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Hurricane Beryl a 'likely harbinger of a hyperactive season'; forecasters now predict 25 named storms

31% chance of U.S. East Coast being hit by at least 1 major hurricane, according to Colorado State forecasters
This image, captured by the VIIRS (Visible Infrared Imaging Radiometer Suite) on NOAA-21, shows Hurricane Beryl at 12:50 p.m. Atlantic Standard Time on June 30, when the eye of the storm was about 300 miles southeast of Barbados.
Posted at 1:20 PM, Jul 09, 2024

WEST PALM BEACH, Fla. — Forecasters at Colorado State University have increased the number of named storms they expect to form this hurricane season and maintain that it will be "extremely active."

Back in April, Colorado State predicted there would be 23 named storms, 11 hurricanes and five major hurricanes this season. In an updated forecast released Tuesday, they are now calling for 25 named storms, 12 hurricanes and six major hurricanes of Category 3 strength or greater.

On average, from 1991 to 2020, the Atlantic Basin typically only sees about 14 named storms. A little over a month into hurricane season there have already been three named storms.

TRACKING THE TROPICS: Hurricane Center | Hurricane Guide

Read the full 44-page report below:

The report said there is a 31% chance of the U.S. East Coast, including the Florida Peninsula, being hit by at least one major hurricane this year. For comparison, on average, from 1880-2020, the U.S. East Coast has an average of being impacted by a major hurricane 21% of the time.

Forecasters said the Florida Peninsula is defined as anywhere south and east of Cedar Key.

The updated forecast said the U.S. Gulf Coast, including the Florida Panhandle, currently has a 38% chance of experiencing landfall from a Category 3 storm or higher. Typically this region has a 27% chance of being hit by a major hurricane. The Florida Panhandle is defined as anywhere west and north of Cedar Key.

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Hurricane

NOAA predicts 'above average' hurricane season with 17 to 25 named storms

Matt Papaycik
10:15 AM, May 23, 2024

'HYPERACTIVE SEASON'

This new forecast comes on the heels of powerful Hurricane Beryl, which last week became the earliest storm to develop into a Category 5 hurricane in the Atlantic Basin.

In Tuesday's report, forecasters called Beryl a "likely harbinger of a hyperactive season."

"We anticipate a well above-average probability for major hurricane landfalls along the continental United States coastline and in the Caribbean," the new report said.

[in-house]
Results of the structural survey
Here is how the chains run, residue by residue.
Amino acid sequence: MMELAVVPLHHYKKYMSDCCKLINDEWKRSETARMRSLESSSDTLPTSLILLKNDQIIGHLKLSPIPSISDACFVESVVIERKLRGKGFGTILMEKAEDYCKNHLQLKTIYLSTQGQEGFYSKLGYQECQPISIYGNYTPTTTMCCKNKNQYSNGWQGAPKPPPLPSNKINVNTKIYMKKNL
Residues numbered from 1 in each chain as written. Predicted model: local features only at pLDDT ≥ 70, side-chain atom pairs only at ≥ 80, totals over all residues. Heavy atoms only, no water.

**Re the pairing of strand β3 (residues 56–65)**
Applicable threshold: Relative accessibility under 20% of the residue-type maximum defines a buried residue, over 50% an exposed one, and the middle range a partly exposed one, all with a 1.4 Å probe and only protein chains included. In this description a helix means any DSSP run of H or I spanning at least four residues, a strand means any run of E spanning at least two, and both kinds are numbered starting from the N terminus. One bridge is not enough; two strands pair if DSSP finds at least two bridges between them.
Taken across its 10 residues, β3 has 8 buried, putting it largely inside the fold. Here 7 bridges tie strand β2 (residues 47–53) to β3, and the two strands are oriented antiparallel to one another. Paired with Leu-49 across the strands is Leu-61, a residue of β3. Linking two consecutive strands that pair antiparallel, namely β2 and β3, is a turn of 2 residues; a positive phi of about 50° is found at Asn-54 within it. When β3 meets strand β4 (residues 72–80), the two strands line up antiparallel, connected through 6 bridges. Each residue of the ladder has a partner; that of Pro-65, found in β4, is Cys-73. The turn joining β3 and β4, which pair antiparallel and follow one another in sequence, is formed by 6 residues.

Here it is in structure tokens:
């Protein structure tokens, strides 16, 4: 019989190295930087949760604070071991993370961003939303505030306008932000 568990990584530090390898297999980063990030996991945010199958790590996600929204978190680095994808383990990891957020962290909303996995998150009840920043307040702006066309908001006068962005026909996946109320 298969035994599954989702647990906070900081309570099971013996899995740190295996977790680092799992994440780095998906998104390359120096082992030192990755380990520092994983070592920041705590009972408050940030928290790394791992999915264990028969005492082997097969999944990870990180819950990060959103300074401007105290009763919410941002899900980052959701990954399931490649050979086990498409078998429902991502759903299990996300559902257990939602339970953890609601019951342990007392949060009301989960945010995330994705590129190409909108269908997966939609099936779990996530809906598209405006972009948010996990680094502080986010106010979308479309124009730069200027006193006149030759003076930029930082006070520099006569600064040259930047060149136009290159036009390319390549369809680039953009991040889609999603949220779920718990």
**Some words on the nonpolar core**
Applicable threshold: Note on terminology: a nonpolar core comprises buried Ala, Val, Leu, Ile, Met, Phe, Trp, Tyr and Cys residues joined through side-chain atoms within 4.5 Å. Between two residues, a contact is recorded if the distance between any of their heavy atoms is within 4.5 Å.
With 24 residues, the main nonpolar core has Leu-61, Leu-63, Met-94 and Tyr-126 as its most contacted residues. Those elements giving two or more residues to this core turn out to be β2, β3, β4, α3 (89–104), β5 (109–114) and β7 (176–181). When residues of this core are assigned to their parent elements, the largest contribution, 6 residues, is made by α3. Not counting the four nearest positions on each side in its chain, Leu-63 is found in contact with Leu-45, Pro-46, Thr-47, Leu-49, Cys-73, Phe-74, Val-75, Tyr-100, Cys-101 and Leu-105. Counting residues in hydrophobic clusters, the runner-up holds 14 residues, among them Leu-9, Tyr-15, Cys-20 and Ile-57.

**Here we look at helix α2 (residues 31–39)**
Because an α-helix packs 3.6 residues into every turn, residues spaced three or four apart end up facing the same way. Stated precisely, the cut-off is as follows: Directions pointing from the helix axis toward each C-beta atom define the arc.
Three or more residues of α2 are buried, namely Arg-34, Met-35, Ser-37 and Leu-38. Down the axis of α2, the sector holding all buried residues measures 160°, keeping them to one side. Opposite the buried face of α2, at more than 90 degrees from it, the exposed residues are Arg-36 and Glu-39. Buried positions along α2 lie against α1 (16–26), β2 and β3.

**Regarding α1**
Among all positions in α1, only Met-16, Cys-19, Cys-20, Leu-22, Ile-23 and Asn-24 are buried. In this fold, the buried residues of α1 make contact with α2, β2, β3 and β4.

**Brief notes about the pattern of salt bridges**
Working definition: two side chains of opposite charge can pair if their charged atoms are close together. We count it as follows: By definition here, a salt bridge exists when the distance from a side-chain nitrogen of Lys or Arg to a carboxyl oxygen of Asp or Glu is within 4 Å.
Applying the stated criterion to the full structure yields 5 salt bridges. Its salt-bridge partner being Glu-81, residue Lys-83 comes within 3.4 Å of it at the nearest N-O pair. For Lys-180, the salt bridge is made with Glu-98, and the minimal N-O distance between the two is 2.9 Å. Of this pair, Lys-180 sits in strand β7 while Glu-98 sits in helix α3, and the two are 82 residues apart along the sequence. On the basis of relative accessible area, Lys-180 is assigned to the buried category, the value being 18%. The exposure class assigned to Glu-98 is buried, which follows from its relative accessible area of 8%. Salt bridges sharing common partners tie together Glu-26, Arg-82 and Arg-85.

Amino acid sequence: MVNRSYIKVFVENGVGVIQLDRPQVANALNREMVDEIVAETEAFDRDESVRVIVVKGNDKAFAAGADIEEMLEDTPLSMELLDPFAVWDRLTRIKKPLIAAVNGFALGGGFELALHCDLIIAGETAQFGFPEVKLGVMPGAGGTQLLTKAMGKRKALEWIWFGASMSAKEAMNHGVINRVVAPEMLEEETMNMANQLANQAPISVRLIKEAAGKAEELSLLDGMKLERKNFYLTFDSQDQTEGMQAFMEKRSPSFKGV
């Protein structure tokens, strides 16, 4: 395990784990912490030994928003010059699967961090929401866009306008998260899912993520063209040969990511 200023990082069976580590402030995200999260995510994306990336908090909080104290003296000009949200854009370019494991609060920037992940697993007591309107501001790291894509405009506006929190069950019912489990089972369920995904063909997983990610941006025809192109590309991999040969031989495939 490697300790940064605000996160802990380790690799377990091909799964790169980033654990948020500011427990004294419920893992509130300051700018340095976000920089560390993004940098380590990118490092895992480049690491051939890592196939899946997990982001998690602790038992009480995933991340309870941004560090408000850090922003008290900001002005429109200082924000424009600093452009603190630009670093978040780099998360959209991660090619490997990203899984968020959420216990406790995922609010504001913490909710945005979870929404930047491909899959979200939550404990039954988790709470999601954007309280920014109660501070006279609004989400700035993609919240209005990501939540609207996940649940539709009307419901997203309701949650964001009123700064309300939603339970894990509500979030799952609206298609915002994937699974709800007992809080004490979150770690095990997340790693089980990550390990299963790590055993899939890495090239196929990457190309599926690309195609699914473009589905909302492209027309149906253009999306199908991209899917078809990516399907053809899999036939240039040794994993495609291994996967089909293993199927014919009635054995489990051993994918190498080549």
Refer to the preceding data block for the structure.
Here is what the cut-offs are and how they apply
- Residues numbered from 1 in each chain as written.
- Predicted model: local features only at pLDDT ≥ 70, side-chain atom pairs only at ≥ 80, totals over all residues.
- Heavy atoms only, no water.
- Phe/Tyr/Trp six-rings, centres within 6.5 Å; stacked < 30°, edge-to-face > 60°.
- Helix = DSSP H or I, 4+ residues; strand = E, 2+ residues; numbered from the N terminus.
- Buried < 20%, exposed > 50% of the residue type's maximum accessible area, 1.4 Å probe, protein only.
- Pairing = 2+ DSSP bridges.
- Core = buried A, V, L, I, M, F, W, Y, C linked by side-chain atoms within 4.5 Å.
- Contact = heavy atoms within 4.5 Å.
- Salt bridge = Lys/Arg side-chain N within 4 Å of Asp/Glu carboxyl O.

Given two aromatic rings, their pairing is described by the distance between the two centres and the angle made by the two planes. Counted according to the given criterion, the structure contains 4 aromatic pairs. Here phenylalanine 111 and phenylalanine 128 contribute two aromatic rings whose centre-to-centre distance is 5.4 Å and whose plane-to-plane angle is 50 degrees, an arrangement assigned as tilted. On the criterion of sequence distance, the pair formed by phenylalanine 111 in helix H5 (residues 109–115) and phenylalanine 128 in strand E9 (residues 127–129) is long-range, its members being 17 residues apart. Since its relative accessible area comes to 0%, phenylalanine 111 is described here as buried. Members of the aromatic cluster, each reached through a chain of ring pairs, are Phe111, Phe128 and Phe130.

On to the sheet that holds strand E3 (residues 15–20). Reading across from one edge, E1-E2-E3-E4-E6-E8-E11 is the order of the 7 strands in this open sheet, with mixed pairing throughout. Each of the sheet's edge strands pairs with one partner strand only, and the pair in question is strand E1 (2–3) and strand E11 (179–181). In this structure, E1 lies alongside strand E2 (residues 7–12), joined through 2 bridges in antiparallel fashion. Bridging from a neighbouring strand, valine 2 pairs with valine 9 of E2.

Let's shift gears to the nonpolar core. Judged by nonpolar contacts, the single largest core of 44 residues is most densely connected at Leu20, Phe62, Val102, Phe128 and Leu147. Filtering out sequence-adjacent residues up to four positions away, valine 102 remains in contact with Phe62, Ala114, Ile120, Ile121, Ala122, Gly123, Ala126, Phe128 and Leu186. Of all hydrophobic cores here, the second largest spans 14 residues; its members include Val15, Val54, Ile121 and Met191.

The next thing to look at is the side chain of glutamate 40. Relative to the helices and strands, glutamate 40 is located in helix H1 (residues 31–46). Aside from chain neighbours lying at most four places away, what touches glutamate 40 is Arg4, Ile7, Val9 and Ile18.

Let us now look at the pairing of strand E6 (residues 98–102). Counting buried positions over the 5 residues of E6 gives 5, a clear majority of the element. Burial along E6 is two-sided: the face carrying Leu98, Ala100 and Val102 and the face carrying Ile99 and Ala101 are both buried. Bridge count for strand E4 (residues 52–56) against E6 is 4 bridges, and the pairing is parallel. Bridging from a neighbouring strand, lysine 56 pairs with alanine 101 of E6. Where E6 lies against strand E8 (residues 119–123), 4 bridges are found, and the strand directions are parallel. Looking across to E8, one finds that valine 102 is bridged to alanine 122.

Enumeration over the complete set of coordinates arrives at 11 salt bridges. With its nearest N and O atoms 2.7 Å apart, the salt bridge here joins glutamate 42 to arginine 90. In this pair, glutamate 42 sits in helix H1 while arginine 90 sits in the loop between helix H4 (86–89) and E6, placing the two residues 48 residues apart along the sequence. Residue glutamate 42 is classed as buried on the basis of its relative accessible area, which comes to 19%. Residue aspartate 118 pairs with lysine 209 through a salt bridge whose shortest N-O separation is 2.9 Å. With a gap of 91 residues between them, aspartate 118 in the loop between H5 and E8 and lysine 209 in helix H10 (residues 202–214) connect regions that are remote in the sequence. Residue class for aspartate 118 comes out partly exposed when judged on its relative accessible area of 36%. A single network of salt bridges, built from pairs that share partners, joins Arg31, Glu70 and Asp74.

Tropical Weather July

Sea surface temperatures across the tropical Atlantic and Caribbean remain much warmer than normal, fueling tropical activity.

"Coastal residents are reminded that it only takes one hurricane making landfall to make it an active season for them," the report stressed. "Thorough preparations should be made for every season, regardless of how much activity is predicted."

Colorado State forecasters said they will release an updated hurricane forecast on Aug. 6.

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Jonathan Diego
4:35 PM, Jul 06, 2022
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Surfing Blog

Surf Forecast: Flat this week, Some swell upcoast this weekend.

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2024 STORM NAMES

Alberto

Beryl

Chris

Debby

Ernesto

Francine

Gordon

Helene

Isaac

Joyce

Kirk

Leslie

Milton

Nadine

Oscar

Patty

Rafael

Sara

Tony

Valerie

William

TERMS TO KNOW

TROPICAL STORM WATCH: An announcement that tropical storm conditions (sustained winds of 39 to 73 mph) are possible within the specified coastal area within 48 hours.

TROPICAL STORM WARNING: An announcement that tropical storm conditions (sustained winds of 39 to 73 mph) are expected within the specified coastal area within 36 hours.

HURRICANE WATCH: An announcement that hurricane conditions (sustained winds of 74 mph or higher) are possible somewhere within the specified coastal area. A hurricane watch is issued 48 hours in advance of the anticipated onset of tropical-storm-force winds.

HURRICANE WARNING: An announcement that hurricane conditions (sustained winds of 74 mph or higher) are expected somewhere within the specified coastal area. A hurricane warning is issued 36 hours in advance of the anticipated onset of tropical-storm-force winds.